Objective:Transmission of drug-resistant HIV-1 strains is increasing with widespread use of antiretroviral drugs in developed countries. This study examined the prevalence of resistant viruses in recent seroconverters in Madrid, Spain.
Design:HIV isolates from 30 consecutive participants with positive or indeterminate HIV antibody test results and a negative test result at a mean of 6.6 months earlier were examined for HIV drug resistance. All study subjects admitted to having very recently engaged in high-risk practices. All were therapeutically naive and were recruited between 1997 and 1999 in a referring health care facility for sexually transmitted diseases.
Methods:Population-based sequencing of the viral reverse transcriptase (RT) and protease (PR) regions derived from plasma viral RNA was performed. Phenotypic resistance was assessed by a recombinant virus assay.
Results:Overall prevalence of genotypes associated with reduced susceptibility was 26.7% (8 of 30 participants). Resistance mutations were seen against nucleoside analogues in 7 (23.3%), nonnucleoside reverse transcriptase inhibitors in 1 (3.3%), and protease inhibitors in 2 (6.7%). Zidovudine-resistance mutations M41L and/or T215Y were the commonest, found in 20% (6 of 30 participants). Resistance mutations to at least two antiretroviral families (multidrug-resistance) were detected in 2 (6.7%) study subjects. A median infectious dose (IC50) increase of fourfold for any drug was found in 7 patients, and in 2 was > tenfold for zidovudine (genotype M41L + T215Y) and lamivudine (genotype M184V), respectively.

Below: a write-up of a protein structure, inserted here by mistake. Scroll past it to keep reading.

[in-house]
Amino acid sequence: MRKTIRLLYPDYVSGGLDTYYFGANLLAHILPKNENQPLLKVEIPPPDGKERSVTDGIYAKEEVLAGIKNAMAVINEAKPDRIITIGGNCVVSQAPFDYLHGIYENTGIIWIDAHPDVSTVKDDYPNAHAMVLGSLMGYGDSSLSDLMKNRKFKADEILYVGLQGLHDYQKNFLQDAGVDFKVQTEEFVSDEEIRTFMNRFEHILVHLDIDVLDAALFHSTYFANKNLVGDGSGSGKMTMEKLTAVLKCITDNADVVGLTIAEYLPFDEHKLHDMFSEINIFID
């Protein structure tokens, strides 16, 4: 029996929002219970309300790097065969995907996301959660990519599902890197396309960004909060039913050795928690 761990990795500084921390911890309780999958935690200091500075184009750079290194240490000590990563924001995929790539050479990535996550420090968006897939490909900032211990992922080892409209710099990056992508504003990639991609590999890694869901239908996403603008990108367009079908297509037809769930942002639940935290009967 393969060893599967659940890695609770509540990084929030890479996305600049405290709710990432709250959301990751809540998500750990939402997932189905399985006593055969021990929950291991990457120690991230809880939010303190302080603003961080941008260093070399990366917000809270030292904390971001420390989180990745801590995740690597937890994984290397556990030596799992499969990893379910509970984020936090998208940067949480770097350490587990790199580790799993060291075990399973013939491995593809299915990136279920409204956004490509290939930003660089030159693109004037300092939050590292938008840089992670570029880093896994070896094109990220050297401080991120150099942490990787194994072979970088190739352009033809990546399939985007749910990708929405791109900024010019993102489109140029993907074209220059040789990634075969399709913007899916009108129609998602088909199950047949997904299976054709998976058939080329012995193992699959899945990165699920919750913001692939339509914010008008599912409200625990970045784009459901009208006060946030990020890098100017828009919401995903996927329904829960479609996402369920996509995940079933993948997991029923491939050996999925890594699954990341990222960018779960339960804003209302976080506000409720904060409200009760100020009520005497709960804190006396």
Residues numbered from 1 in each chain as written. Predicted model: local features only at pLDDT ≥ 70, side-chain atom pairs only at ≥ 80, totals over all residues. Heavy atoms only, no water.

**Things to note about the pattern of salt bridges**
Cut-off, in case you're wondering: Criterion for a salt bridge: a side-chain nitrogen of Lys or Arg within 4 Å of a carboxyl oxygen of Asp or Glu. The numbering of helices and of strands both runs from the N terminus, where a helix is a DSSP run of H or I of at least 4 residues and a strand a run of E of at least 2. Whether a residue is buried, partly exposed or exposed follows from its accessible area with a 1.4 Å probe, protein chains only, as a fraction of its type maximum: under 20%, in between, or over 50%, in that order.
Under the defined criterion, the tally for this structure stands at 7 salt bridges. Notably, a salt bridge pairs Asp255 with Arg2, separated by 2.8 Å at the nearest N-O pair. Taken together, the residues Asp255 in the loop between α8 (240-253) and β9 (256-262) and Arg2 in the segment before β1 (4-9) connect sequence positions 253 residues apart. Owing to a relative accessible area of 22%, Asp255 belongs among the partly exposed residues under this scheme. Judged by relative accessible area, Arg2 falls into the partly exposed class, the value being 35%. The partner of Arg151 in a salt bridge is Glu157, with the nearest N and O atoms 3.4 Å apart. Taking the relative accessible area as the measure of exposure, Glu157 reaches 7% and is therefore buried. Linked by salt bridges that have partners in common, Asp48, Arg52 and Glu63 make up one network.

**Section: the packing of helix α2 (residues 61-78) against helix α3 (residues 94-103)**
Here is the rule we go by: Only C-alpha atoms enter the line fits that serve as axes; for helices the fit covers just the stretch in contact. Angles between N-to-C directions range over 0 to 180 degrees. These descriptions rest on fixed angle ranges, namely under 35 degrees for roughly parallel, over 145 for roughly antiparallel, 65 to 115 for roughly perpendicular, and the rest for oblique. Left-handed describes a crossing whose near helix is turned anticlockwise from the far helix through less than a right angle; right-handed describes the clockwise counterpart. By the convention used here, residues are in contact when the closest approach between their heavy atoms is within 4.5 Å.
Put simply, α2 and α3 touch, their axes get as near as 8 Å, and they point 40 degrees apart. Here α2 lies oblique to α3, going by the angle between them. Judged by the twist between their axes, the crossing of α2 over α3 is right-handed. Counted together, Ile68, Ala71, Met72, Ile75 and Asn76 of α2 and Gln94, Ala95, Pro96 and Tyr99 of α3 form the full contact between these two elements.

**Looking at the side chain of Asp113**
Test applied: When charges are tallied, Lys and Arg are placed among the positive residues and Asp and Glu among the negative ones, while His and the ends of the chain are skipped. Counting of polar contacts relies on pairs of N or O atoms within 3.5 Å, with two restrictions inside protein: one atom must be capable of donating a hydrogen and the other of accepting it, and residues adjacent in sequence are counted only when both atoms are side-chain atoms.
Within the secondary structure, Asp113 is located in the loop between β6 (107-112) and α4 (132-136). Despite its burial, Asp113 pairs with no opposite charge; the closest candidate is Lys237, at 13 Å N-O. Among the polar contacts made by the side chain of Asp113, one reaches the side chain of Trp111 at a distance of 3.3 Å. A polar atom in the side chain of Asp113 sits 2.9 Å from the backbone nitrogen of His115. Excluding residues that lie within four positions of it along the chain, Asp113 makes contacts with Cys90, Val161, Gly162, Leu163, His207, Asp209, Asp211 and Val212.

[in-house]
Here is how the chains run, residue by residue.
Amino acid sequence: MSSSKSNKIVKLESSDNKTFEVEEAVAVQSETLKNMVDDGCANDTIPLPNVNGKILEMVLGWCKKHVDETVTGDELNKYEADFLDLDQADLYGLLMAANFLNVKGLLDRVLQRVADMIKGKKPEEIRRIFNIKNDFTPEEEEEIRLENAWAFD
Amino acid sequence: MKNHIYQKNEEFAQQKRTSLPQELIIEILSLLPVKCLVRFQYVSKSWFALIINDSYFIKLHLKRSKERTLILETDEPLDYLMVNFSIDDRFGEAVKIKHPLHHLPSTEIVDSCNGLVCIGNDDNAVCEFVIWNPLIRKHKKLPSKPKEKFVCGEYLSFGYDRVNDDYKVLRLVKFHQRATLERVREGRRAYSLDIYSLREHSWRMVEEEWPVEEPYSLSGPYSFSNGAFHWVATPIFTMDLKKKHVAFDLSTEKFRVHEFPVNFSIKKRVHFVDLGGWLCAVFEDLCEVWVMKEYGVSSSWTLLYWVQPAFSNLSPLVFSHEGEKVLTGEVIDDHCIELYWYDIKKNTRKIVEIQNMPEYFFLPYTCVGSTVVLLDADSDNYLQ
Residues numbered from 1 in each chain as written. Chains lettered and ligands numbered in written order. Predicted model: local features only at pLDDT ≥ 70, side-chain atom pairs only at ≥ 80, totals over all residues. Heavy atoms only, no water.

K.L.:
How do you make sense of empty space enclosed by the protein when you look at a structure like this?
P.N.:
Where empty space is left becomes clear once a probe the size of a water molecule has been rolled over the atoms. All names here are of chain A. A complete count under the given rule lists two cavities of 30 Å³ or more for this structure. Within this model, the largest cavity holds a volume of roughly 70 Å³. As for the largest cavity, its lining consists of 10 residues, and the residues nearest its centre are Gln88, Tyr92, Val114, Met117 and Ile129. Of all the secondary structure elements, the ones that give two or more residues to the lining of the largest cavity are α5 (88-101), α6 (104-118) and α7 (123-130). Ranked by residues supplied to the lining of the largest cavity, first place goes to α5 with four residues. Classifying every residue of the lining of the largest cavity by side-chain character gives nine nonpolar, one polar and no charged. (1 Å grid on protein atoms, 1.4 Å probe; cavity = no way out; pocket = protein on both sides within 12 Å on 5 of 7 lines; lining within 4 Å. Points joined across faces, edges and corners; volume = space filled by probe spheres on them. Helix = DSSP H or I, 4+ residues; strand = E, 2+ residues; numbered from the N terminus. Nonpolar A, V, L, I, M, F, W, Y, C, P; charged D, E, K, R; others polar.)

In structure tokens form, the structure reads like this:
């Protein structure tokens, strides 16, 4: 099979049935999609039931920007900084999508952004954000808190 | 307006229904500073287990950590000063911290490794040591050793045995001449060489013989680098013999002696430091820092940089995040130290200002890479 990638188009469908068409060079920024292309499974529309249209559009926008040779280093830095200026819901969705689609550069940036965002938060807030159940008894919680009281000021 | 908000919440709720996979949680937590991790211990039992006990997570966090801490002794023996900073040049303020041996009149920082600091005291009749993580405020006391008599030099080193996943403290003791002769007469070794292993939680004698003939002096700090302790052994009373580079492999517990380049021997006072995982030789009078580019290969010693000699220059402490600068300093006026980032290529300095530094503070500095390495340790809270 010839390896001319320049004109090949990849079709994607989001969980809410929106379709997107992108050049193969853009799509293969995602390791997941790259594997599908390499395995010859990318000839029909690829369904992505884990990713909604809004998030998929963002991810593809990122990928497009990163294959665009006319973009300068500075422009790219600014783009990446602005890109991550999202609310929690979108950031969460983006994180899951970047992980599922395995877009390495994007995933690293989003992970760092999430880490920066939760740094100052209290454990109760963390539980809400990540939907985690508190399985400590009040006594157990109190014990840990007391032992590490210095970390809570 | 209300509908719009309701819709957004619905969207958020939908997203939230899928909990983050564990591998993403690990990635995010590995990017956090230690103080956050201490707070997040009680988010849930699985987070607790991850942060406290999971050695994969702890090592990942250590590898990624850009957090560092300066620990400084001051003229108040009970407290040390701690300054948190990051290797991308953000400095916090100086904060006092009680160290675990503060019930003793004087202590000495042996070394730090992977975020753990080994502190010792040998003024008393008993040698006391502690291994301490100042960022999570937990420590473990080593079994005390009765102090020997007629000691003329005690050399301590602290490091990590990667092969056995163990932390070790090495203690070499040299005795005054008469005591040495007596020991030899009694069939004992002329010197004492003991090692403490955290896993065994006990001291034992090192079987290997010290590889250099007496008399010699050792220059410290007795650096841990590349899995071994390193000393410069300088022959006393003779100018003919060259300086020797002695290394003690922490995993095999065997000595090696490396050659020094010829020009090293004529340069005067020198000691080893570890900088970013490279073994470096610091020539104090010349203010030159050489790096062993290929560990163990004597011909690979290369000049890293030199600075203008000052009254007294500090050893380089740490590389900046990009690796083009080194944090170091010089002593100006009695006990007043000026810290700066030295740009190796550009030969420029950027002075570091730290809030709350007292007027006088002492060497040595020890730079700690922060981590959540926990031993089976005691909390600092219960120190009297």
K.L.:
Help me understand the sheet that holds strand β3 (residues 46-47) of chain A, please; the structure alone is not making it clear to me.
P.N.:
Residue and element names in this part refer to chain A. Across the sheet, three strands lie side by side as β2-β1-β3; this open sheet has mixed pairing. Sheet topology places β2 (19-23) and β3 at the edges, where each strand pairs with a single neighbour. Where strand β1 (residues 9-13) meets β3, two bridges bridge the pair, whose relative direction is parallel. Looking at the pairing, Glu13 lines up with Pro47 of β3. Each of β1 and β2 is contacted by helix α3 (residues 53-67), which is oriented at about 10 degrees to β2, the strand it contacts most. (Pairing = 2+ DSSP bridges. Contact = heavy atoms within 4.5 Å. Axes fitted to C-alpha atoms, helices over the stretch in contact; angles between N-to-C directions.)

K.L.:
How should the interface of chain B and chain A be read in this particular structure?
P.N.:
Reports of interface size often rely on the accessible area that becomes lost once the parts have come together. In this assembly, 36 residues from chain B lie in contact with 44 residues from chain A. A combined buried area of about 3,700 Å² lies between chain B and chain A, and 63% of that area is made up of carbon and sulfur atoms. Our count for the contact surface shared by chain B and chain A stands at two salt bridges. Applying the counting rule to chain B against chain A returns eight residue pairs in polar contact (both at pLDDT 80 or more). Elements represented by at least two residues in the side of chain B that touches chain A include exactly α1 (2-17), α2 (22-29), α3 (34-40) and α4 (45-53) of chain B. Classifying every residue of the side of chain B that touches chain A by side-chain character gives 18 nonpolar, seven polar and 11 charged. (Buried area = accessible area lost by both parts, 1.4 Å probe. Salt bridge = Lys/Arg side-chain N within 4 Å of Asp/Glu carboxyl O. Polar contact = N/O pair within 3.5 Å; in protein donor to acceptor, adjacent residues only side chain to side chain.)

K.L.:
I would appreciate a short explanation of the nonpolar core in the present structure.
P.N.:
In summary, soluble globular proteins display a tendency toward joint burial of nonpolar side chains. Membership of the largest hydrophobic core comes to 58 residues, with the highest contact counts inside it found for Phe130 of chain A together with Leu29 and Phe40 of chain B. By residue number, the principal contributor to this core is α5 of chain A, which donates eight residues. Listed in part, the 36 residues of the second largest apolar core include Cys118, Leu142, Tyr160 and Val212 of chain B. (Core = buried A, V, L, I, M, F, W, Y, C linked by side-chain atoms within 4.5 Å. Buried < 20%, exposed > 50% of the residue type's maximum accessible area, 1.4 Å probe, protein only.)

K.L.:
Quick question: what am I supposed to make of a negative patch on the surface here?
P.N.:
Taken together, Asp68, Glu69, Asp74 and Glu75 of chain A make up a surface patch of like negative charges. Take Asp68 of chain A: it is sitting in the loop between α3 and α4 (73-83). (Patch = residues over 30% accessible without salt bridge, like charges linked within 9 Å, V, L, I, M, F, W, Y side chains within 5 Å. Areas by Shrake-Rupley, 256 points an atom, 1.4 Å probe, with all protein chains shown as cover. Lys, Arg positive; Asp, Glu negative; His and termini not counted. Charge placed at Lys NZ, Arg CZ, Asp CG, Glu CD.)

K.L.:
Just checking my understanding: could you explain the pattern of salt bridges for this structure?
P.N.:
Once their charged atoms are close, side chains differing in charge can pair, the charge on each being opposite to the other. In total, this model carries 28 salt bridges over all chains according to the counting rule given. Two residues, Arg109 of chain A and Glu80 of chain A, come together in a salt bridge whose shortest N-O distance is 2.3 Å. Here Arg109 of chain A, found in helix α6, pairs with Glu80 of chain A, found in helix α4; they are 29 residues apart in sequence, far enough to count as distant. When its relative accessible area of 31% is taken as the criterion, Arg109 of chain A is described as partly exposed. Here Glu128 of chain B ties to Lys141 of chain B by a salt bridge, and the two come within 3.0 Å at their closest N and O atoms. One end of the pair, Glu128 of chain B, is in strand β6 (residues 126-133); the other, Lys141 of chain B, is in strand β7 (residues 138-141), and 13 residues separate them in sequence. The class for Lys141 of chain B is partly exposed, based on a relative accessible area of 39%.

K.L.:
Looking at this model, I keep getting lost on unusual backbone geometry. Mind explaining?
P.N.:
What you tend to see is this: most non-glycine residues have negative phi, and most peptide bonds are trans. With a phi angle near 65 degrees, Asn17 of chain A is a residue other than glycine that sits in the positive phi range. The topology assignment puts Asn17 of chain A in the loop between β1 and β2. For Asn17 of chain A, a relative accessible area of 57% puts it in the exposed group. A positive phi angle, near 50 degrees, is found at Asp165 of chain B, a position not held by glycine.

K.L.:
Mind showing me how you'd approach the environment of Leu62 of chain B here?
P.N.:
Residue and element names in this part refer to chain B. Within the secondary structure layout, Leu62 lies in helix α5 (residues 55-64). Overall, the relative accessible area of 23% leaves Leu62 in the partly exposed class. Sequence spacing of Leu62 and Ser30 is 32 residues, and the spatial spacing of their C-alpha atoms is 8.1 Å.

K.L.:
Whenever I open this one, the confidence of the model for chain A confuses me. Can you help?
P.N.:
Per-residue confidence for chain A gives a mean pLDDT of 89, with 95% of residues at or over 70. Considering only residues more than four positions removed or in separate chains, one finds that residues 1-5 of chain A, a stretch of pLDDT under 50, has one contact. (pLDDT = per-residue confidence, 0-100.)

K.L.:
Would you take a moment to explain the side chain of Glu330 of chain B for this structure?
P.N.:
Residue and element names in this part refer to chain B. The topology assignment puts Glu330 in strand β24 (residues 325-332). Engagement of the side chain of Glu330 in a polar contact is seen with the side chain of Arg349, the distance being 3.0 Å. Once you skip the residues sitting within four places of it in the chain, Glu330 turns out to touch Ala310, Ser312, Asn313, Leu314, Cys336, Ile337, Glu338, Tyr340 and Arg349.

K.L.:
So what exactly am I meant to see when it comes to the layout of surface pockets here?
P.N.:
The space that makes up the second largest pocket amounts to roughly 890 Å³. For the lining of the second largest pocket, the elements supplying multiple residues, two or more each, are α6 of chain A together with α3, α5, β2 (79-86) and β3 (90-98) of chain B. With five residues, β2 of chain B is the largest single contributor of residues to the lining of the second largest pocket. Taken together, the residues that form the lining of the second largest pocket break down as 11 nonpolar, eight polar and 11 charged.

Conclusions:Drug-resistant HIV variants were present in over one quarter of individuals recently diagnosed as infected in Madrid, Spain. Therefore, resistance testing at baseline should be considered for the optimal design of first-line antiretroviral combinations.
Address correspondence and reprint requests to Vincent Soriano, Calle Rafael Calvo 7, 2° A, 28010 Madrid, Spain; e-mail: email@example.com
Manuscript received July 12, 2000; accepted October 12, 2000.
© 2001 Lippincott Williams & Wilkins, Inc.